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Aerodynamics of Low Reynolds Number Flyers
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  • Page extent: 196 pages
  • Size: 253 x 177 mm
  • Weight: 0.69 kg

Library of Congress

  • Dewey number: 629.132/3
  • Dewey version: 22
  • LC Classification: TL570 .S488 2007
  • LC Subject headings:
    • Aerodynamics

Library of Congress Record

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 (ISBN-13: 9780521882781)

  • Also available in Paperback
  • Published October 2007

In stock

$130.00 (C)

Low Reynolds number aerodynamics is important to a number of natural and man-made flyers. Birds, bats, and insects have been of interest to biologists for years, and active study in the aerospace engineering community, motivated by interest in micro air vehicles (MAVs), has been increasing rapidly. The primary focus of this book is the aerodynamics associated with fixed and flapping wings. The book consider both biological flyers and MAVs, including a summary of the scaling laws-which relate the aerodynamics and flight characteristics to a flyer's sizing on the basis of simple geometric and dynamics analyses, structural flexibility, laminar-turbulent transition, airfoil shapes, and unsteady flapping wing aerodynamics. The interplay between flapping kinematics and key dimensionless parameters such as the Reynolds number, Strouhal number, and reduced frequency is highlighted. The various unsteady lift enhancement mechanisms are also addressed, including leading-edge vortex, rapid pitch-up and rotational circulation, wake capture, and clap-and-fling.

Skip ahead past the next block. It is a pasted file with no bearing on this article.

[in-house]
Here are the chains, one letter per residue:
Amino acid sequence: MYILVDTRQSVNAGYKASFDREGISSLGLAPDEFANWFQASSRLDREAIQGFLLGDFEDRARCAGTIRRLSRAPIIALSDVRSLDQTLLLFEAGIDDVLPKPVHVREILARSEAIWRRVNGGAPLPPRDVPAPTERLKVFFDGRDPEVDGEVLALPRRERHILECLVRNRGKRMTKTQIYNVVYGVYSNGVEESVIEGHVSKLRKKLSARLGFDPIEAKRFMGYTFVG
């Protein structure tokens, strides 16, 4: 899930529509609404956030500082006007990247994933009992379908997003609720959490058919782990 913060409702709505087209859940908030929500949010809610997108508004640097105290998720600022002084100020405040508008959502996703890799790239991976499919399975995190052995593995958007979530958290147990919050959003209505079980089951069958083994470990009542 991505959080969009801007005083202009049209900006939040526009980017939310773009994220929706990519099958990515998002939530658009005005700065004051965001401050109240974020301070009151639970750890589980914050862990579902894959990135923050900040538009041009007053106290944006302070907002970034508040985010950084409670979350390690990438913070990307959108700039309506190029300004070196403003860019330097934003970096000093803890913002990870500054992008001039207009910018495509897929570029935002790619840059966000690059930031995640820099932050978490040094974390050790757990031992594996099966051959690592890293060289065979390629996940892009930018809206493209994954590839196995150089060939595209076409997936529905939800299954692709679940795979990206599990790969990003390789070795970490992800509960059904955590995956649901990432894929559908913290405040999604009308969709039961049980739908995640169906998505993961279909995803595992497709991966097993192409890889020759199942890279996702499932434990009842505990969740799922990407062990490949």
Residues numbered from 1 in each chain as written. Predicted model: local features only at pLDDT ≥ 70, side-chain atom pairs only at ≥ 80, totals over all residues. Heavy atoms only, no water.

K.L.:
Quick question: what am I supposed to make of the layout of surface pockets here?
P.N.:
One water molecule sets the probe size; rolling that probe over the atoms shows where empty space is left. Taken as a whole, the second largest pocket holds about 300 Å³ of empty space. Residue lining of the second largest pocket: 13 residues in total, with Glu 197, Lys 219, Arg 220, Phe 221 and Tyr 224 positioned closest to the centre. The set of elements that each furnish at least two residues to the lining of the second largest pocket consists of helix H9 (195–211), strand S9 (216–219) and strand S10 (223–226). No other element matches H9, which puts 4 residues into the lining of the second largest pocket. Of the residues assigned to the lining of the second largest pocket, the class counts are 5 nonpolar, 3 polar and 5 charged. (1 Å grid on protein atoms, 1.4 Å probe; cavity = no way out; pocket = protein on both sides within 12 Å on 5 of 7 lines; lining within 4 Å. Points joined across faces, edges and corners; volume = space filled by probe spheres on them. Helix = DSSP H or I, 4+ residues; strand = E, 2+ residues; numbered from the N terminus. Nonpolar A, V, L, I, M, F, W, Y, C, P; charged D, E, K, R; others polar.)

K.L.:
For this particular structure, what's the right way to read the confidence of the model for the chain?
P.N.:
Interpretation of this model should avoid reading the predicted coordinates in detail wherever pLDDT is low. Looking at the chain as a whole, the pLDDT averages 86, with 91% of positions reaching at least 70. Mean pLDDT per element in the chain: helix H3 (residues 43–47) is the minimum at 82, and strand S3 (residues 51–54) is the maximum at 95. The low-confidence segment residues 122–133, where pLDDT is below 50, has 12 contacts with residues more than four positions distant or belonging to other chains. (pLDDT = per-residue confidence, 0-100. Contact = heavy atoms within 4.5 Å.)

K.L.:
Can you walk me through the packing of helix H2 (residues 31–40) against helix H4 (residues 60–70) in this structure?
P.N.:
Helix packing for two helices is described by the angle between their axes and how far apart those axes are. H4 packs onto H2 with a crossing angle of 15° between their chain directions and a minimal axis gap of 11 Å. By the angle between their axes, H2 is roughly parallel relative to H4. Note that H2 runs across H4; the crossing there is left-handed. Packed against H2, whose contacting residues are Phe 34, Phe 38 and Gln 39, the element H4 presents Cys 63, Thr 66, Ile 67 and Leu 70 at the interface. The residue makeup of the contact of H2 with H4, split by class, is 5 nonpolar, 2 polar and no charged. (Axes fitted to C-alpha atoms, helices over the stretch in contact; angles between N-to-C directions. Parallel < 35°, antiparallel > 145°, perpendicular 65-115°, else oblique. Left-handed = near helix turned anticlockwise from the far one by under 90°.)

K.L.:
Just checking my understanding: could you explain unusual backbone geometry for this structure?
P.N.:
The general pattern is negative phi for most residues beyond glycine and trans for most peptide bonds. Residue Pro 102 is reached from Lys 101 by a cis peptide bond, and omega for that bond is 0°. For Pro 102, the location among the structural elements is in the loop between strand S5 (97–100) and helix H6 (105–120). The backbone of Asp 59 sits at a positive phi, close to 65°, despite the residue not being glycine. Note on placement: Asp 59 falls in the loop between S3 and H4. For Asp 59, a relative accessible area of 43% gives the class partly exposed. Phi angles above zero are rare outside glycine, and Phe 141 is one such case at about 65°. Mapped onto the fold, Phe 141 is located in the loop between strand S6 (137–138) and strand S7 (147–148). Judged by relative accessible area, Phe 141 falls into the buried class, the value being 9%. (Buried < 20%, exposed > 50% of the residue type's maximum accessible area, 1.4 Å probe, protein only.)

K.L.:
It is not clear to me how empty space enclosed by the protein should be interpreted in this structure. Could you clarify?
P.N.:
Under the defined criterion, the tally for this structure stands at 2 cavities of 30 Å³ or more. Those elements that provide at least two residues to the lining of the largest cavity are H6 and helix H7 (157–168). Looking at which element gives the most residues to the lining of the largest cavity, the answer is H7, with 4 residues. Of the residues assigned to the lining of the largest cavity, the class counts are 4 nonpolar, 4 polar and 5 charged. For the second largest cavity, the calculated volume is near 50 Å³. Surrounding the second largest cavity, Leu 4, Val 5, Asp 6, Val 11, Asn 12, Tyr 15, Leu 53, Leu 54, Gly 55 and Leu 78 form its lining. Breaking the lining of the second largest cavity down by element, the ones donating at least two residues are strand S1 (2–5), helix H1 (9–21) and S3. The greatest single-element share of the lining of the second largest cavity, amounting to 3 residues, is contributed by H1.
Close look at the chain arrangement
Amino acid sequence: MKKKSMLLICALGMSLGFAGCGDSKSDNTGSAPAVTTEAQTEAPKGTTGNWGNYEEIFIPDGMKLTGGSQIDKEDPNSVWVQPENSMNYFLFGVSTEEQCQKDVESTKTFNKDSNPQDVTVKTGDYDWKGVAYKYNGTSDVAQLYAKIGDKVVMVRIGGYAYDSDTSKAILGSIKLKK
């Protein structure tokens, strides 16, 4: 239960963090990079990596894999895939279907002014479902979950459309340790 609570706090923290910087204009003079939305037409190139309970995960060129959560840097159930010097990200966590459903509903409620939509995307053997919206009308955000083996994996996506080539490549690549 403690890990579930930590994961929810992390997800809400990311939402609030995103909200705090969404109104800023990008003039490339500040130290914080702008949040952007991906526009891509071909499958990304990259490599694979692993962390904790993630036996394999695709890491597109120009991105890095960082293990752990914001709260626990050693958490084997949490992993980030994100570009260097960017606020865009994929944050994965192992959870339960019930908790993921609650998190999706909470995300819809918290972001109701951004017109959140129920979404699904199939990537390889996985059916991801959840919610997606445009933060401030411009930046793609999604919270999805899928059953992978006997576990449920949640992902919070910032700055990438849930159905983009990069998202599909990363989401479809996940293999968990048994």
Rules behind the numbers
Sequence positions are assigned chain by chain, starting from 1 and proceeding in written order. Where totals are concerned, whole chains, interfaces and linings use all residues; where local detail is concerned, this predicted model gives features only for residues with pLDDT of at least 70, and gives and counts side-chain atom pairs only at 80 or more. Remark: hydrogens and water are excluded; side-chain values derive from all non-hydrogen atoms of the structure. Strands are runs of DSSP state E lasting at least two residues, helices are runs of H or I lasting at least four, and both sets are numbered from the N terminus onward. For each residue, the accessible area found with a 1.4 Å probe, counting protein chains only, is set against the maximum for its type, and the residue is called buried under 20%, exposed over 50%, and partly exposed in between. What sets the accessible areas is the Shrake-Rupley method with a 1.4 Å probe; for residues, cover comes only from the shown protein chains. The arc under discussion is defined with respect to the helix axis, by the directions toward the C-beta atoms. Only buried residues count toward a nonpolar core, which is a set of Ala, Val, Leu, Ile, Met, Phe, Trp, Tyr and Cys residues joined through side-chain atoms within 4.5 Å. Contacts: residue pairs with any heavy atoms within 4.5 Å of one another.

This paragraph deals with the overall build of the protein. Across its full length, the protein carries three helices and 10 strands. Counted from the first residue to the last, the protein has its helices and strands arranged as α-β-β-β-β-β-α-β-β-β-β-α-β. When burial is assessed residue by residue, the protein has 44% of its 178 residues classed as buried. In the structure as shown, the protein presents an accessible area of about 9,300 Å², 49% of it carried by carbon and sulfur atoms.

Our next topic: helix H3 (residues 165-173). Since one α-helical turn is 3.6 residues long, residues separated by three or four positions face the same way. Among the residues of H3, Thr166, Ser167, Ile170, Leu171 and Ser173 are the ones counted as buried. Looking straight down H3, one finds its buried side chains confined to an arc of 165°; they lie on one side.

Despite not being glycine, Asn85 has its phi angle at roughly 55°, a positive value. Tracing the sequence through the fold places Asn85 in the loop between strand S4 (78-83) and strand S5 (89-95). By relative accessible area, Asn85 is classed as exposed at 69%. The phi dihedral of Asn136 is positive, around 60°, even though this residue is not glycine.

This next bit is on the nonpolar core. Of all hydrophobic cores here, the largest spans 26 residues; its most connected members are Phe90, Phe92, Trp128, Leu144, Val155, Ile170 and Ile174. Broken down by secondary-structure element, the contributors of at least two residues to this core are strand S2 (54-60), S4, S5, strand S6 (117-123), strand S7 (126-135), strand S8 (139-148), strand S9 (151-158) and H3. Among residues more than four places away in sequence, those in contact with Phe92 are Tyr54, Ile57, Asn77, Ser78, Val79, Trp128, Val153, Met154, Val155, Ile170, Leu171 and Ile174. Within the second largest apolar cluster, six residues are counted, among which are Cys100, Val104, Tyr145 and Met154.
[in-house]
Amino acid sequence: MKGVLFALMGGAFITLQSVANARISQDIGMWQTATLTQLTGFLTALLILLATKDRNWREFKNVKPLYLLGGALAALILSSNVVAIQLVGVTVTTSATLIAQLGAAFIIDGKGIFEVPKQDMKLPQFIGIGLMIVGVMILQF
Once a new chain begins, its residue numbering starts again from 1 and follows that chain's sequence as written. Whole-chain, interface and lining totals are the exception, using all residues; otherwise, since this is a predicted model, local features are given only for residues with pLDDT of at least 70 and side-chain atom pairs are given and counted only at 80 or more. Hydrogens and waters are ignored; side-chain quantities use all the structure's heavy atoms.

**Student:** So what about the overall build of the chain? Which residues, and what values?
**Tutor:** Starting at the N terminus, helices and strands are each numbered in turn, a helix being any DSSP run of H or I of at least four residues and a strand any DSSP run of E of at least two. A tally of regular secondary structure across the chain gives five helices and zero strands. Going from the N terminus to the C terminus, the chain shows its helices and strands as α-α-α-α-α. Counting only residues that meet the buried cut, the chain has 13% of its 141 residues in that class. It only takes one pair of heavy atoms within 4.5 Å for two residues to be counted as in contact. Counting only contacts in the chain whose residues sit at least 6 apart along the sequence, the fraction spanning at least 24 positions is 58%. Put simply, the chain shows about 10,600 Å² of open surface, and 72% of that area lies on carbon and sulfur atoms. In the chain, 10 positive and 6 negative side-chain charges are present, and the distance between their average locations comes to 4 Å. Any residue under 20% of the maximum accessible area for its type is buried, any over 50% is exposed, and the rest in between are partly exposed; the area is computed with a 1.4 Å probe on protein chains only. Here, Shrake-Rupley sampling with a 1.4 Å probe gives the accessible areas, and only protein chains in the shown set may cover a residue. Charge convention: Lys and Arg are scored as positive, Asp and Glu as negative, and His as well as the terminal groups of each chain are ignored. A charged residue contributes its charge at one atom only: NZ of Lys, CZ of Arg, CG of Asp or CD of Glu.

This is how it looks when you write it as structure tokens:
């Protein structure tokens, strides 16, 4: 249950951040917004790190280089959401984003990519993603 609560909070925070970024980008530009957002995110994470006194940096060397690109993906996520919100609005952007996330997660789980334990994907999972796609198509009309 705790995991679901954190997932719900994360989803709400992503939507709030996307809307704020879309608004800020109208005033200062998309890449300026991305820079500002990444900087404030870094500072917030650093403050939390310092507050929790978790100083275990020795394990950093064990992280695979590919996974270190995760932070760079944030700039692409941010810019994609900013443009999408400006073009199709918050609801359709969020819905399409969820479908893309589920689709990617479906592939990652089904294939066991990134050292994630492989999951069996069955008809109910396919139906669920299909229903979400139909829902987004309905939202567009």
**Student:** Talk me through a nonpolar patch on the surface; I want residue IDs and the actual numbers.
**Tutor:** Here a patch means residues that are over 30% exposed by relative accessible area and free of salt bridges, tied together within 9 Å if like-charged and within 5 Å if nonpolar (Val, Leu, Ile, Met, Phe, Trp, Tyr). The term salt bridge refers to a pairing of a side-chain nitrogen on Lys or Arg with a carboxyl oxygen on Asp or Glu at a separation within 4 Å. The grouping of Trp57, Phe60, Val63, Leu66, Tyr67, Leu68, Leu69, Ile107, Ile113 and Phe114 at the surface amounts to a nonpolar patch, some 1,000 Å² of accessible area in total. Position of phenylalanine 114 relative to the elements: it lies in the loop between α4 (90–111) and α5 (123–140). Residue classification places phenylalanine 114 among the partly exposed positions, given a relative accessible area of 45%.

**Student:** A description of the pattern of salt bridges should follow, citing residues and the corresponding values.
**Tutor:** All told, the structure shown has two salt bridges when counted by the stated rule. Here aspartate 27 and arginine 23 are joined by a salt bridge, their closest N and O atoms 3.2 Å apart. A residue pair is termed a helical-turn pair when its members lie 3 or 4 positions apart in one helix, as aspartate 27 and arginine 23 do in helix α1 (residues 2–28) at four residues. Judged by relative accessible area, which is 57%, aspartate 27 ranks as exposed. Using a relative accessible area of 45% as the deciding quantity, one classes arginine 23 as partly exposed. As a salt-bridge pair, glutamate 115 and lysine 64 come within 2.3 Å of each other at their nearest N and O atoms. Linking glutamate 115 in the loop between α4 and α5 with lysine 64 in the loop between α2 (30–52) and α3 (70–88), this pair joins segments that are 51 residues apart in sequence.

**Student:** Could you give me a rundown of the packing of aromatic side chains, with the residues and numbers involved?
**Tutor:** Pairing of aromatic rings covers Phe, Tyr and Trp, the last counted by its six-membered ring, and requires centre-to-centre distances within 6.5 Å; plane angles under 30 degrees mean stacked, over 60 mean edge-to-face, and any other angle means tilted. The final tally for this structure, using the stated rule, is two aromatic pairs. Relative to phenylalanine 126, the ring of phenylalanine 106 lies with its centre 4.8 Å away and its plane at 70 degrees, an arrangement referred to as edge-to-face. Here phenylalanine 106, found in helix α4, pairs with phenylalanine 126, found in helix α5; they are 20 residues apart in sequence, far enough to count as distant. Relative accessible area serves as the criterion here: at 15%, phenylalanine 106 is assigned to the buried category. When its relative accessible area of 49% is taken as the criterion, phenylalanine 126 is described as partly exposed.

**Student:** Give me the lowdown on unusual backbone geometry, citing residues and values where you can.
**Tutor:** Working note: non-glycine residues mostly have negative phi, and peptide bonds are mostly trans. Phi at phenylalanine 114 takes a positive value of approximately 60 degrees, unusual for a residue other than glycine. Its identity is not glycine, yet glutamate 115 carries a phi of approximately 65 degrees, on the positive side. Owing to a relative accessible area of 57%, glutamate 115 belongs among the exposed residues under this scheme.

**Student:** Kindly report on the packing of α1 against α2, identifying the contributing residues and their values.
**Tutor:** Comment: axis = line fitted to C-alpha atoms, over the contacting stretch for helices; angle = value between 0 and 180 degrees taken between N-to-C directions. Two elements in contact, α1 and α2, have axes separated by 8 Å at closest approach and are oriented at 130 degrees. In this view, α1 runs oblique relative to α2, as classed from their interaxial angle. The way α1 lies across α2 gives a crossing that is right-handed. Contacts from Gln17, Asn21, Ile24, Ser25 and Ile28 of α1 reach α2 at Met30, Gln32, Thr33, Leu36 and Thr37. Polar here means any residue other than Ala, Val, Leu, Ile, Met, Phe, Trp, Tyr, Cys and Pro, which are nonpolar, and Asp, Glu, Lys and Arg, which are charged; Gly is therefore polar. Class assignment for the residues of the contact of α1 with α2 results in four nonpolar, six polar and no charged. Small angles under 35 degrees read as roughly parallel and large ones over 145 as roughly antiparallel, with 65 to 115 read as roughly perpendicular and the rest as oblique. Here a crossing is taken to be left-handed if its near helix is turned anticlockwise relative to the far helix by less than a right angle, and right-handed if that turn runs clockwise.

1. Introduction; 2. Fixed, rigid wing aerodynamics; 3. Flexible wing aerodynamics; 4. Flapping wing aerodynamics.


"The authors of this book, active pioneers of this new field, have assembled the first comprehensive treatment of the major new aerodynamic aspects pertaining to MAVs...It is well written and illustrated with 29 color and 130 black and white figures. It also has a quite comprehensive reference list. Therefore, it should be of value to scientists and engineers who wish to familiarize themselves with the aerodynamics of birds, insects, and micro air vehicles. In addition, students and anyone else who wishes to learn about the intricacies of aerodynamic lift and thrust generation will bene!t from reading parts of this book."
Max F. Platzer, AIAA Journal

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